From Alaska to Tierra del Fuego

Joshua Tree gallery

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Posted on 24 Apr 2013, 4:56 - Categories: USA


how not to travel by scooter reposted

No, I'm not still going by scooter, but someone had this page bookmarked for spam, so I deleted the original post and repost it now. Don't now if this helps, but I cannot close the comments from here as I would need to alter the file on my computer...

First of all I have to say that travelling on Moty (yes, I gave it a name) is fun. But there are certain things one should research, prepare for or just take into account. So for those who feel like travelling a long way with a scooter here is some advice:
Know what a scooter can and cannot do. My scooter is a 2 stroke, 49cc engine, basically similar to a lawnmower, sounds the same, too! It relies on a oil/gas/oxygen mixture. Which means that going over a mountain pass, which is 4600 feet high might alter oxygen pressure and cause your engine to die. Again, and again, and again. Going down was fun, though and Mt. Reinier is beautiful.
Have a good map, especially going in and out of cities. Unless you enjoy having to go in circles, backtrack and have lots of converstions with local, trying to find out where you are and how to get where you want to go to. I hate one way streets.
Don't keept your food inside the scooter next to the gas tank. It makes your breakfast unenjoyable.
Gas... fill it up on time...


But, going through the backroads of Washington and Oregon was fun, the landscape is beautiful, deer are grazing by the road, the small towns are pretty and people are generally nice. It is definatly different from running from tourist destination to tourist destination. I just arrived at the coast of Oregon today, weather is gray for the first time, but seaside is pretty and I will be getting icecream today in a town down the coast. But first I will go and buy oatmeal, which does not taste of gas...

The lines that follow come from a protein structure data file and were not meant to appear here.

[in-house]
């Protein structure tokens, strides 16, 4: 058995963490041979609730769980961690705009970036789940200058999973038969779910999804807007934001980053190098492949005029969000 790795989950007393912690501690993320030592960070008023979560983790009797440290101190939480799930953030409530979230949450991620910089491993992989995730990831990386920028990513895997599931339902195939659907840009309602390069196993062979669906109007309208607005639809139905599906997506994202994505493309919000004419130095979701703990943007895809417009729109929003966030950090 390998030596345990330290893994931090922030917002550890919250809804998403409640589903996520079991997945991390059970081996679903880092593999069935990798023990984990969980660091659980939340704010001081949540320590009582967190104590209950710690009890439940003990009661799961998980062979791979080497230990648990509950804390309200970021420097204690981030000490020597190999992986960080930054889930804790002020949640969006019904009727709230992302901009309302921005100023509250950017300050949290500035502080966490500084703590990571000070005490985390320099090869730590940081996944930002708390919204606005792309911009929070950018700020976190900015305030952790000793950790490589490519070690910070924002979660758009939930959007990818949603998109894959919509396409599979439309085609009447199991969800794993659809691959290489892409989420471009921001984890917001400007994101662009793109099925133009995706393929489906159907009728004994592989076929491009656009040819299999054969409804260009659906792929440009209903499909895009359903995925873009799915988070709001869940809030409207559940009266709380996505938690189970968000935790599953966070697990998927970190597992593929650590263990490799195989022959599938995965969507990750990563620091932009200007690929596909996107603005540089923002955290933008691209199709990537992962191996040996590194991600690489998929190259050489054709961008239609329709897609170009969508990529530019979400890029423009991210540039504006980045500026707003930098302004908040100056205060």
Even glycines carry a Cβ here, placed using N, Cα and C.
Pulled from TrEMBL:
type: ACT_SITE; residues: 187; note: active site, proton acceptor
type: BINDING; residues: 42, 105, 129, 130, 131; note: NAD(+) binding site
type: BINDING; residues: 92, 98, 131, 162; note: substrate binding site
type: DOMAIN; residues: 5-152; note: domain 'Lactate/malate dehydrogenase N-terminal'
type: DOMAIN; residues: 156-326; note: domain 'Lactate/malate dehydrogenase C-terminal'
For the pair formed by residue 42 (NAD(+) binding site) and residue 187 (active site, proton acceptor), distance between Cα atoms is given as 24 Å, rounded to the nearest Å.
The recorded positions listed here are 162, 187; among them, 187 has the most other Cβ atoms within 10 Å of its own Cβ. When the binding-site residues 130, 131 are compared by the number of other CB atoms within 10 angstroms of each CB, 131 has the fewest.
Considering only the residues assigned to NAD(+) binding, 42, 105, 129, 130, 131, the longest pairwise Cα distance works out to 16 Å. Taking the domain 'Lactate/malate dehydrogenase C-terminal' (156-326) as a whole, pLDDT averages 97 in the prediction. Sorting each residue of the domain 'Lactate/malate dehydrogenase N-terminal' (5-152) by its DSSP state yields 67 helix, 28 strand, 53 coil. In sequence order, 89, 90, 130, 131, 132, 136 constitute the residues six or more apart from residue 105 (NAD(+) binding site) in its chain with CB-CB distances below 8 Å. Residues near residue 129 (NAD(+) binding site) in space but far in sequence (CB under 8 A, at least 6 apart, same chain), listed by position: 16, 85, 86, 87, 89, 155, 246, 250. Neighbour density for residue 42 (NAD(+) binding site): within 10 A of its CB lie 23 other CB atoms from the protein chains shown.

Posted on 24 Apr 2013, 4:32 - Categories: USA
Comments: »
hey...   Posted on 8 Nov 2012, 5:41 by pollux
Hey. wie geht es dir, es ist schn zu lesen, dass es dir Freude bereitet zu reisen, die Landschaften und auch die Tiere der Umgebung zu bewundern... Die Fotos sind ein Wucht. Toll, weiter so. Ganz liebe Gre von Ulli, Angela und Crisanda. Sie fragen mich immer wo du bist, dann zeige ich ihnen die Seite. Es tut mir leid, dass ich nicht eher wieder reingeschaut hab. Aber jetzt habe ich endlich deine Siete als Lesezeichen fest im Laptop... Also, lass was persnliches von dir hren und weiter so... Ksse, Tine



Joshua Tree

I love the desert, and the desert of Joshua Tree National Park is especially beautiful. I took a lot of small hikes, it was a bit hot for long ones and took (for me) a lot of pictures. I put them on an extra page of the blog, look here